By Ken Goldberg
Digital signage has evolved significantly. In its earliest days, updates were manual and costly. Systems offered low compliance and low reliability. Screens were not networked and the reach and impact of their content was not measurable.
With the automation of digital signage and the development of medium-specific software, compliance and reliability were improved. Screens were networked and audience measurement became possible. Costs remained high.
Today, reliability is higher still. Cloud-based services have improved measurability and helped reduce overall costs. In turn, the adoption of digital signage has grown and accelerated further.
Static signage still matters too, of course. While digital signage has answered many challenges, it is not suitable for all of them. There are and always will be many different formats for signage, including printed posters that can be installed at the individual store level by employees, in contrast to centrally managed digital signage content.
That said, there is still more for digital signage to do. Content, for example, can become more timely and relevant through proximity marketing, more finely targeted ads, triggered content and well-curated data feeds. Media players, meanwhile, will continue to become smaller, faster and less expensive.
Software, too, will become commoditized. As the scale of digital signage networks continues to increase, the costs of providing software-as-a-service (SaaS) are falling. In short, the capabilities of the technology are soaring while the costs of implementation and operation continue to drop.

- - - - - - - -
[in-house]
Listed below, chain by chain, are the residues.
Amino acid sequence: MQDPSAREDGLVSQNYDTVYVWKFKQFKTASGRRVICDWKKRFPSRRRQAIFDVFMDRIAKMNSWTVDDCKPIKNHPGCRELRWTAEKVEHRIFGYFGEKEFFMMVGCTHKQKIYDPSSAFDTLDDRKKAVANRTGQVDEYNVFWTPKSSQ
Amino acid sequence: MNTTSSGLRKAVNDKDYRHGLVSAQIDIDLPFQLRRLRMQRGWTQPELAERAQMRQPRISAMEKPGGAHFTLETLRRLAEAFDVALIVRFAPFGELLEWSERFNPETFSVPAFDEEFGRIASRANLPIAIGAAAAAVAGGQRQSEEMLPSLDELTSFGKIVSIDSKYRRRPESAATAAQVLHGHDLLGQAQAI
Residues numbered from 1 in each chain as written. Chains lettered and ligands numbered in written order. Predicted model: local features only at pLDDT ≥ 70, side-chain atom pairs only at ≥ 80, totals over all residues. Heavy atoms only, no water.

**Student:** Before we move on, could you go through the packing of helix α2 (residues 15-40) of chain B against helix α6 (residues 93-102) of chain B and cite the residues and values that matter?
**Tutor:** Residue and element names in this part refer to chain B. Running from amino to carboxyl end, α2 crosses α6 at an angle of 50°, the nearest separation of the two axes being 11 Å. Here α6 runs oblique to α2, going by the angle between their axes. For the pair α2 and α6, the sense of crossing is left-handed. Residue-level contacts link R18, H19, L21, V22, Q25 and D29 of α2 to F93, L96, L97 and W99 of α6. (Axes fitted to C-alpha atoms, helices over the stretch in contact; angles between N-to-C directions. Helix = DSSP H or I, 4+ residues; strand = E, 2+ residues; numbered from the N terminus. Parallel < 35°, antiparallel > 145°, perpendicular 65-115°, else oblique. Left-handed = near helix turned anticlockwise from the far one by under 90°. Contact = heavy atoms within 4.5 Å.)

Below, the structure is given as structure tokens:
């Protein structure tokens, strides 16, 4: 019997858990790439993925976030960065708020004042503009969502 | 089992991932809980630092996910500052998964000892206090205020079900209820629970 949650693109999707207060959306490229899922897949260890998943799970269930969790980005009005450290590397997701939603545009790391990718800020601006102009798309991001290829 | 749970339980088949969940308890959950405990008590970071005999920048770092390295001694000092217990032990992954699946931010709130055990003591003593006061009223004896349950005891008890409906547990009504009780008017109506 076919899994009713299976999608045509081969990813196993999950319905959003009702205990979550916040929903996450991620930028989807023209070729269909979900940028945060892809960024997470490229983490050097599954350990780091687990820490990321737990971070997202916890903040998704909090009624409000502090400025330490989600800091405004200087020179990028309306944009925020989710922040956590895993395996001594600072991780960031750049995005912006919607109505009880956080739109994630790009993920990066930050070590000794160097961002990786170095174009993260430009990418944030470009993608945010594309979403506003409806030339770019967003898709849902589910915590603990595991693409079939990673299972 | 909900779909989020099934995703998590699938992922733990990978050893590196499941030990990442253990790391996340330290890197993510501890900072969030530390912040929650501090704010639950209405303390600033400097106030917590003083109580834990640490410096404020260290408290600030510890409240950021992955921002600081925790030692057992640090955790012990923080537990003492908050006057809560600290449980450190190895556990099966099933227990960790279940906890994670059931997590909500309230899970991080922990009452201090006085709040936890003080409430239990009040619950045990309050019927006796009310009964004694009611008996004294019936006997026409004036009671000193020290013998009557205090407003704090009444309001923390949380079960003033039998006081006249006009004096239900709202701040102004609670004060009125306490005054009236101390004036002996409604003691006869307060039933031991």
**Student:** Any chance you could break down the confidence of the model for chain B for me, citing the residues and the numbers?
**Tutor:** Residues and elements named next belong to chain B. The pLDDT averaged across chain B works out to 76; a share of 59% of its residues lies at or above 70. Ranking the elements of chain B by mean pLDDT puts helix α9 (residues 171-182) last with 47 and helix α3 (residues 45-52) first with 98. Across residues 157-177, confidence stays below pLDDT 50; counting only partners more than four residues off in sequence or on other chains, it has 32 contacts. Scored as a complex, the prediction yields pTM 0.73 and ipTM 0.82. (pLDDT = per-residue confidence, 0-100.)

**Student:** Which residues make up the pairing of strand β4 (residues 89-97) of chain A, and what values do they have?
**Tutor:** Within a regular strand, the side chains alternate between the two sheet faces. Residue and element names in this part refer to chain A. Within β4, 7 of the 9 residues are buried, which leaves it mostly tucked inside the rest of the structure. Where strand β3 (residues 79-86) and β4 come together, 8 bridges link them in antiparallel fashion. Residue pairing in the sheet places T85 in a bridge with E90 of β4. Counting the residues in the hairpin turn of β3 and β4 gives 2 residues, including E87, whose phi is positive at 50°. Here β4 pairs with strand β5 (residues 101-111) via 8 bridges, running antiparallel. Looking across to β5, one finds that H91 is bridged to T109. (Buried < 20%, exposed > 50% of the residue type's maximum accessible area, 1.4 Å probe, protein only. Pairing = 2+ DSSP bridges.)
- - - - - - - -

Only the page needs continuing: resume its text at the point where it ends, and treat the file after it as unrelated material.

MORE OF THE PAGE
Both small and large digital signage customers are looking to outsource several key functions relating to their networks, including (a) the creation and management of content and (b) the management and monitoring of their networks. Each of these functions represents an opportunity for sign shops.
Retail stores and restaurants are especially opportunity-rich environments. Chains want to see incremental sales improvements, while independent businesses seek to break through to new customers. Adoption rates of digital signage in these markets are soaring, creating an air of inevitability and necessity, particularly as customers come to expect to see screens in use.
Lower price points and proven case studies are also making it easier for these businesses to adopt digital signage. There are now many successful examples of promotional retail screens, menu boards, ambient content, video walls, interactive displays, drive-thru boards, wayfinding, assisted selling, tabletop and countertop displays, corporate communications
Signmakers can uncover many new opportunities in this field by thinking like a customer when visiting retail and food-service establishments and considering what works, what doesn’t and where digital signage content could be of assistance.
As a signage provider, it is also important to listen to existing clients for various cues, such as “I wish we could …” or “If only we could ….” Acting in a consultative role, signmakers should ask these clients what they are trying to achieve, how they are measuring success and what their own customers and, for that matter, competitors are telling them.